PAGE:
You hit on something that was really important to us. The show is called Little Voice because every character in the show is finding their voice, reclaiming their voice, losing their voice. Everyone is in a different moment. Louie is trying to figure out what kind of work he can do in the world that he is passionate about in the theater. Prisha is finding her authentic self and questioning what she is doing to make her parents happy and what a deeper happiness is for her. Bess’ father had a remarkable career and lost it and kind of found his way in the world and reclaiming his voice in some way. To me, the notion of finding your voice, there is no finish line. It’s something we do throughout our lives. You have to keep checking if you’re moving from your authentic voice.
The dogs are also some of my favorite stars on the show.
Me too. I have a great story about the lead dog. We were auditioning all these dogs and no one was quite right for Ella. This dog Molly came in, who happened to be a service dog that lived with a woman who was an invalid. Molly had never acted before but had all the skills a service dog had: turning off the lights, picking up a phone in your mouth and all the things a service dog can do. They told us if we hired Molly it would help pay some of the insurance bills for the woman who owned her. Immediately, we hired Molly. She learned to act in one day and really helped her own in a big way. It was a nice thing to have her on set with us.
You really capture the life of New York City, how art is all around whether it’s through movement or voice. There are a lot of talented musicians and artists who have been given a great platform from this show.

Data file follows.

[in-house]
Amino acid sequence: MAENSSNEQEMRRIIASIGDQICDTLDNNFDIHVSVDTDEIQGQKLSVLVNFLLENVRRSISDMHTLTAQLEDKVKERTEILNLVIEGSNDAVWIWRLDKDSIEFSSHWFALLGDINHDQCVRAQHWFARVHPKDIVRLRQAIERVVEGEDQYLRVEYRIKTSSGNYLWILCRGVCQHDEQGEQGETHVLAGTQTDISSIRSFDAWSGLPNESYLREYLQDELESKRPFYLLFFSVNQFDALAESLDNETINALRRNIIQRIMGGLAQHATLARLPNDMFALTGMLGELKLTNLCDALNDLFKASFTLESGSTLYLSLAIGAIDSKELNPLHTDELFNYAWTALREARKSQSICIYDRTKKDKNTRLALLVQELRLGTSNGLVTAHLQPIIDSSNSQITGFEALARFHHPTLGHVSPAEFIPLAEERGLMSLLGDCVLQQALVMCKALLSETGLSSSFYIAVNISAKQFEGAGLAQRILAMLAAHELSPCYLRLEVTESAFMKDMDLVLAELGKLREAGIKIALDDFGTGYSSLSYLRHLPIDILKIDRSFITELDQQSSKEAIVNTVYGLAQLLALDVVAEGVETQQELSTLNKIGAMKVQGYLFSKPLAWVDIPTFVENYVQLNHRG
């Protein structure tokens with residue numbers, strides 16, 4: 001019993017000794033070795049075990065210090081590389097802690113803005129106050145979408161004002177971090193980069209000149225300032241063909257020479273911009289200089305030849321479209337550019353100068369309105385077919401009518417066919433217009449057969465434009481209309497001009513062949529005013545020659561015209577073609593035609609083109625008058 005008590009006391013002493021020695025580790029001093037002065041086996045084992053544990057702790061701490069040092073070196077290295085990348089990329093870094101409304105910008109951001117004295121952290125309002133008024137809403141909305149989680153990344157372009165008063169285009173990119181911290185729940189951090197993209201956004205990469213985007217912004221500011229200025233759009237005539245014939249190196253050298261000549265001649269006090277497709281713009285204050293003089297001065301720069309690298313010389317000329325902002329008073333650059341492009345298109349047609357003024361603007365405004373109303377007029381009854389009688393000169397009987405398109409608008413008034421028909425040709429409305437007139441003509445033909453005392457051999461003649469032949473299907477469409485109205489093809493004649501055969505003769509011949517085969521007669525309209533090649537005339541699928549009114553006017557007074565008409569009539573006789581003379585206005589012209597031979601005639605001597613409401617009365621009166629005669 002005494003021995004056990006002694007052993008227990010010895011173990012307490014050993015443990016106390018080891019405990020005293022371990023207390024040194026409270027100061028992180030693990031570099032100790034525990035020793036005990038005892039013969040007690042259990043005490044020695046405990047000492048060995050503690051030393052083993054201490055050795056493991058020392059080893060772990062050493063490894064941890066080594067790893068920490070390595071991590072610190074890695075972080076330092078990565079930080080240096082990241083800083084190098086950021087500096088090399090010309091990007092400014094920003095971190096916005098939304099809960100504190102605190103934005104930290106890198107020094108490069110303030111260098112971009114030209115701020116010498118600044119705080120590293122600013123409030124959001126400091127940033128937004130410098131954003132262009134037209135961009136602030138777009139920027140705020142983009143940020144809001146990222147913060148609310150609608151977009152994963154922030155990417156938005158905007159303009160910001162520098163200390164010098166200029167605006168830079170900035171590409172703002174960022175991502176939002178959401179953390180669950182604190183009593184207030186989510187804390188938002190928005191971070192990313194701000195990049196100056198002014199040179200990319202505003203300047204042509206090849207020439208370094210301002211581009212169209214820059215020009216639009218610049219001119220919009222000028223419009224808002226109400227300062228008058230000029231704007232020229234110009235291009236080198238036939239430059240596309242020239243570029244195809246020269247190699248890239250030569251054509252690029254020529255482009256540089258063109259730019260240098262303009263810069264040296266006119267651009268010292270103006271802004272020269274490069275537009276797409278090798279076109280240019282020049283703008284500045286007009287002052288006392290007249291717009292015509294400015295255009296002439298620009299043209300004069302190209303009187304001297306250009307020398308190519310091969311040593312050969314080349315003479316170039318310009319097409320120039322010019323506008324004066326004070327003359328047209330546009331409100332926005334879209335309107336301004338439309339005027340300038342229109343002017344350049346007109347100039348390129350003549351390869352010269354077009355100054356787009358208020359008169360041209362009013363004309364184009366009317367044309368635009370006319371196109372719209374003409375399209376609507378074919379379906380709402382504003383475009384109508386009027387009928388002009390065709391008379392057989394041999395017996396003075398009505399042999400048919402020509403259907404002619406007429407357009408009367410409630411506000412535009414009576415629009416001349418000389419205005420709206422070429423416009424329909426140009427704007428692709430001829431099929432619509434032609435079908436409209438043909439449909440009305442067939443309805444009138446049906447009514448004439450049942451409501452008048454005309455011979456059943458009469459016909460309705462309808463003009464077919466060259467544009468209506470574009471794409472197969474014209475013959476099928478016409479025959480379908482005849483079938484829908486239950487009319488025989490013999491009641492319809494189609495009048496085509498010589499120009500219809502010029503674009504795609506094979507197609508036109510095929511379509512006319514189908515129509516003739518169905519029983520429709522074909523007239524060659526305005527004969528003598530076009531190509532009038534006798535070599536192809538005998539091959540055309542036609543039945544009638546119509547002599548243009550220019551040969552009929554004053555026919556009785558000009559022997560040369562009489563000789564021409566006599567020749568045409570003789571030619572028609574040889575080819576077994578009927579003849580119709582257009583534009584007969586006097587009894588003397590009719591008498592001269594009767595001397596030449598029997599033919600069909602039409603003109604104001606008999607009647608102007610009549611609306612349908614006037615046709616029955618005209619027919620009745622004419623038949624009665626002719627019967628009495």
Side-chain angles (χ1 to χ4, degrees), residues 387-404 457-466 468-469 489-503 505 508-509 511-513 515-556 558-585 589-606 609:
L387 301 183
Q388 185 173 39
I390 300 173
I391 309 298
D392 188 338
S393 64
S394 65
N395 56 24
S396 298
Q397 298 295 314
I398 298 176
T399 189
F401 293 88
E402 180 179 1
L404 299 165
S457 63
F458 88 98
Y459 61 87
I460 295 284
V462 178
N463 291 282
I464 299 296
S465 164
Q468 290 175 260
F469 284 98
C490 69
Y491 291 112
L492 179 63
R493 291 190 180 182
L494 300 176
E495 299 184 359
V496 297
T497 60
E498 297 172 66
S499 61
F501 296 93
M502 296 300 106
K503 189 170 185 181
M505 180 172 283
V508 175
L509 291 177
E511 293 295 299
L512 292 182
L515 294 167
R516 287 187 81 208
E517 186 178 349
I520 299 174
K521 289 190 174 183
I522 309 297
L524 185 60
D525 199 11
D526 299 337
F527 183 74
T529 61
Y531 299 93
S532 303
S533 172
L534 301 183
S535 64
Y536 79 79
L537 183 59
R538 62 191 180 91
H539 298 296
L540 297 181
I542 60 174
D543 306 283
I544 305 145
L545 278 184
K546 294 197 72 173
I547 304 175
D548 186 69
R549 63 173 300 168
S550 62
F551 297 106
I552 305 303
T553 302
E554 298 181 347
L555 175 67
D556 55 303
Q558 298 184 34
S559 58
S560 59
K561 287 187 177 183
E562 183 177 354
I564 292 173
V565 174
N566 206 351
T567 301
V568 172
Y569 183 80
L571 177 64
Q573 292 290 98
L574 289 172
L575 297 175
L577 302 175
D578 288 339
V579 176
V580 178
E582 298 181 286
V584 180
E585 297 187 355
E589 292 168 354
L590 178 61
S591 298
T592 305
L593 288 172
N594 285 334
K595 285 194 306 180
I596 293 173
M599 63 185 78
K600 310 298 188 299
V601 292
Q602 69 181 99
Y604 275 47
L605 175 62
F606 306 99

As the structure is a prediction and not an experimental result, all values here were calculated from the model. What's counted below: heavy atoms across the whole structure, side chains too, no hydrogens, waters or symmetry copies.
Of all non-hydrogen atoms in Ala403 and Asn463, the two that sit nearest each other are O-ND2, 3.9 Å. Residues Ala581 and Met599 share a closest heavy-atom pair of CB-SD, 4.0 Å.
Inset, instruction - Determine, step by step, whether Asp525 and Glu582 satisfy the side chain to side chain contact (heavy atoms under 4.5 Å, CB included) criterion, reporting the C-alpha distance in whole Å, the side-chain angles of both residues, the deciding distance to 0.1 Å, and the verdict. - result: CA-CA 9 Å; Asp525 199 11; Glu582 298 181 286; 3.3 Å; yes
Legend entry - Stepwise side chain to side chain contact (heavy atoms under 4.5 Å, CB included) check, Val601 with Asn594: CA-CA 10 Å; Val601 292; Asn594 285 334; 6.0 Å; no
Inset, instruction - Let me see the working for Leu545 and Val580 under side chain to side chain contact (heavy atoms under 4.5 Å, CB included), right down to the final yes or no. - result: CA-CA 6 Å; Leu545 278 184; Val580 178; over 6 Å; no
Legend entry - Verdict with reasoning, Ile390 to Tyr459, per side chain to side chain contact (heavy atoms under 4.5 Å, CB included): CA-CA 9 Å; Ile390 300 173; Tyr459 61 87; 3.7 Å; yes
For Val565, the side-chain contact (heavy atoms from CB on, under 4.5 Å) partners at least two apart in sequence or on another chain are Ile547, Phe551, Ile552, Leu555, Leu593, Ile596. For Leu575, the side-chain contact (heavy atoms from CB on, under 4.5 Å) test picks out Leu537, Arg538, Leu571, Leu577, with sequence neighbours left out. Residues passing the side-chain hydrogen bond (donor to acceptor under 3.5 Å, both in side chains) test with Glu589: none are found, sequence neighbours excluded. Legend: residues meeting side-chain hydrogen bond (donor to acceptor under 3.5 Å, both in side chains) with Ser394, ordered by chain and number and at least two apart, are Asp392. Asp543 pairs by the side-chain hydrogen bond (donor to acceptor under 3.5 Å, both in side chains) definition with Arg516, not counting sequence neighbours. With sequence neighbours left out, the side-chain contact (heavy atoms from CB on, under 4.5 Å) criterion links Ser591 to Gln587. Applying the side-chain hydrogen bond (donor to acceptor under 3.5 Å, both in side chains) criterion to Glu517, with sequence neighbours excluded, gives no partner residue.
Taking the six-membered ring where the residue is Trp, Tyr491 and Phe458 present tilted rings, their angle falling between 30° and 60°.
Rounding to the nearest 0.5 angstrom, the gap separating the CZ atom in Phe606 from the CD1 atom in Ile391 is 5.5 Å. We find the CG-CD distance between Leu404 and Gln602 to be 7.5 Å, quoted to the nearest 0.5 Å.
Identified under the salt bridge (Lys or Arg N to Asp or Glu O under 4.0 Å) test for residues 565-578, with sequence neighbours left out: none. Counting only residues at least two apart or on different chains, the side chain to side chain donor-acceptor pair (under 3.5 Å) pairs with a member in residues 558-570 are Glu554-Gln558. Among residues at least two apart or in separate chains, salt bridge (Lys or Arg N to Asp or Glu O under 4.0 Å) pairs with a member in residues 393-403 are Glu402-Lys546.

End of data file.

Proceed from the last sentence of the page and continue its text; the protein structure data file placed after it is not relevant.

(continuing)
For Sara and I, the show really is a love letter to the music of New York. Sara and I both have such a passionate love of New York. When you take a walk in the city, you can literally move through five sonic experiences in one walk. We really wanted to capture that aspect of it. Then it was amazing to have a cast of newcomers and seasoned Broadway actors. We really all joined forces and were committed to telling this story as authentic a way as possible. We had such support from the community. We were able to shoot in iconic areas of New York. We were able to have phenomenal musicians like our mariachi band. It was a real coming together of the community.
When you’re writing the show, did you find yourself looking back at your own career and the times you spent trying to find your own way in this world?
That’s a really good question. Maybe [in some] of the episodes I pulled strands from my own life and own journey to tell this story. There are certain through-lines of any artist’s past that are universal, like people telling you who you should be and what you should write, what’s good and not good. You have to find that out yourself. Ultimately, all the voices that come at you and silence your own, you have to quiet them in order to find that place inside yourself that really knows what you want to say. It was also my first TV show, so I was really asking what I wanted to say. What is my voice in television? What do Sara and I want to put into the world right now? It’s a really dark world, and we wanted to bring something forward and hopeful to the world.
This series comes at a time where people are looking for hope. Music is such a healer and helps in so many ways. What does it mean to you to provide this outlet?
We’re hoping people respond to the hopeful aspect of the show. We tried not to sugarcoat it either. There is a song Bess sings “Dear Hope” where she is reaching out to hope saying, “I really need you now.” We’re hoping people respond to that part of the show. It has a very open heart, and it’s a very cynical world. So, we’ll see how those two things meet.
There is a great moment at the end where Bess is almost coming into her own. At the same time, there are parts of her life unresolved regarding family and a love triangle. What is the feeling you wanted people to have, leaving the door open for a Season 2?
We really wanted to kind of end the season with the beginning of so much. Bess is really ready to begin by the end. There is so much to explore with every character in a Season 2. Louie finding his place in the work world. Bess navigating her voice through the business and caught between these two men [Sean Teale’s Ethan and Colton Ryan’s Samuel]. Ultimately, trying to choose a healthy relationship. There is a lot to explore.
Little Voice begins streaming on Apple TV+ July 10